Lawyers across England and Wales have been eagerly awaiting Lord Justice Jackson’s review of fixed recoverable costs. These recommendations have been unveiled today and are generally being well received by claimant clinical negligence lawyers.

In his report, Lord Jackson sets out proposals for extending the present civil fixed cost regime and considers the types and areas of litigation in which such costs should be extended and the value of claims to which such a regime should apply. His report proposes the following;

  • A grid of fixed recoverable costs for all fast-track cases.
  • A new ‘intermediate track’ for certain claims up to £100,000 which can be tried in three days or less with not more than two experts on each side.
  • Piloting a ‘capped costs’ regime for business and property cases up to £250,000.
  • New measures to limit recoverable costs in judicial review cases.
  • A working party be set up by the Department of Health and the Civil Justice Council including both claimant and defendant representatives to develop a bespoke process for handling clinical negligence claims valued at up to £25,000.00.

In relation to clinical negligence claims, Lord Jackson seems to appreciate the complexity of the cases we run and accepts the difficulty of a ‘one size fits all’ approach. He states that ‘You can’t just slap a fixed recoverable costs regime onto existing procedures.

The report is a welcome departure from Lord Jackson’s previous suggestion that fixed costs could be applied to all claims up to a value of £250,000.00, which certainly would have had a profound impact on patients’ access to specialist advice and assistance at a time when they need it the most.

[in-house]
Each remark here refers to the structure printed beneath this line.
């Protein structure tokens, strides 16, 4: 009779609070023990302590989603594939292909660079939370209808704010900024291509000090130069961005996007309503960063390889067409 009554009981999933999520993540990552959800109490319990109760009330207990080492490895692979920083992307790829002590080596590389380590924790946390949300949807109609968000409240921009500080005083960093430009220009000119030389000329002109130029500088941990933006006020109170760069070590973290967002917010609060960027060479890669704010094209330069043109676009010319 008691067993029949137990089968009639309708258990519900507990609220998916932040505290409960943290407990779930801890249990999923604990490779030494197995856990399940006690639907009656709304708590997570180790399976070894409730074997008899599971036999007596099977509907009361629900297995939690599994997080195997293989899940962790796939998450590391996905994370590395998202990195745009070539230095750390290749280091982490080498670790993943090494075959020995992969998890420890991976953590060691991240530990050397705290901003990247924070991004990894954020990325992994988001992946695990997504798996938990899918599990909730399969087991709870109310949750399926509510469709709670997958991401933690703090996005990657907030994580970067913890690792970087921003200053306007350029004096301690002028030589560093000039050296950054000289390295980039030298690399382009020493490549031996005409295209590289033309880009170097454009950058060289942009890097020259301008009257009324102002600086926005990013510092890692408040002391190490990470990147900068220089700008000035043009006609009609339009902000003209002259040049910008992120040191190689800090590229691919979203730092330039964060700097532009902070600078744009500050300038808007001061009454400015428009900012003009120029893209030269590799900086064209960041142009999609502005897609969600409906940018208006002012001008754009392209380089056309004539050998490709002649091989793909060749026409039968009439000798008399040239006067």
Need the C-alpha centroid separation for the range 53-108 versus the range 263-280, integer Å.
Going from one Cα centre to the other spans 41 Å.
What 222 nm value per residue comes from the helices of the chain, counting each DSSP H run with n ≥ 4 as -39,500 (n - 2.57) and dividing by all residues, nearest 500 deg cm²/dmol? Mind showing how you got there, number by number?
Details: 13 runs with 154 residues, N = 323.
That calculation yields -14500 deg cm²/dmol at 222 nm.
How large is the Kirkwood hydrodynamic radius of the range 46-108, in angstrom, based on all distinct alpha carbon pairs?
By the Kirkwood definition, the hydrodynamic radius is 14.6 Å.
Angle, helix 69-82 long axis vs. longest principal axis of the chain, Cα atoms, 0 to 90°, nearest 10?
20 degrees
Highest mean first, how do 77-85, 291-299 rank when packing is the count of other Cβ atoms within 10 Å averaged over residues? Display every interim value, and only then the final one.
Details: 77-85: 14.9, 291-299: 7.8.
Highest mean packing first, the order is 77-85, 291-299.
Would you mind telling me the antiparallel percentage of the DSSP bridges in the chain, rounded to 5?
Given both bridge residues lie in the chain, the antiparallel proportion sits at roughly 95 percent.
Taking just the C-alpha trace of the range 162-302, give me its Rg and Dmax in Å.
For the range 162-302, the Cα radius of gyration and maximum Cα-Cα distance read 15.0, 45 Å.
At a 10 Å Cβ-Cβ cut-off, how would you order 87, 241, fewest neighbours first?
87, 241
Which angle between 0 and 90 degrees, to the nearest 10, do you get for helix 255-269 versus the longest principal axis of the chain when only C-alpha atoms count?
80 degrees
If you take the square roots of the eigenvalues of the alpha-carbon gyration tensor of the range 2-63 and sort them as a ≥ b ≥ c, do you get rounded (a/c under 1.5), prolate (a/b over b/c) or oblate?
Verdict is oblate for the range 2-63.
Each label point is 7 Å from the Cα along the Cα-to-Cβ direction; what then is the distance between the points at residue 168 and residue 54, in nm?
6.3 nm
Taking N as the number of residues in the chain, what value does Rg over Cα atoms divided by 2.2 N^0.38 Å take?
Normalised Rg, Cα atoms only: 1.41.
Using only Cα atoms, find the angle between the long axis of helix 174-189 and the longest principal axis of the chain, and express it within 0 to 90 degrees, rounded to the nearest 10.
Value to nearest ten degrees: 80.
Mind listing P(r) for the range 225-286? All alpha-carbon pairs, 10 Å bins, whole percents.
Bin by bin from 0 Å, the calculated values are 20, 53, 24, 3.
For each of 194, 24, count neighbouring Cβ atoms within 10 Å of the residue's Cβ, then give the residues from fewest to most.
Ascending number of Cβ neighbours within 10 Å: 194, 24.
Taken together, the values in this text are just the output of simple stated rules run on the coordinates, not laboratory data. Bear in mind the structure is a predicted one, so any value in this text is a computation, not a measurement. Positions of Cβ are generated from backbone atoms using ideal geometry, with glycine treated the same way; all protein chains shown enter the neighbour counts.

The set-up of a working party to assess cases valued at less than £25,000.00 is a logical way forward. We maintain however that a fixed cost regime for these cases is not the answer and would undoubtedly disadvantage clinical negligence claimants.

This has clearly been a detailed review and it is positive to see that Lord Jackson has taken on board many of the comments received from claimant representatives during consultations in the run up to the report’s publication.

The report highlights several points raised by claimant’s representatives regarding clinical negligence costs, including the defendant’s part in increasing these costs unnecessarily. Whilst Lord Jackson advised that it was not appropriate for him to reach any conclusion on these issues within his report, he accepted that there was some evidence in this regard which merited investigation by the National Audit Office. We are currently awaiting the outcome of these investigations which should certainly form part of any future working party consultations.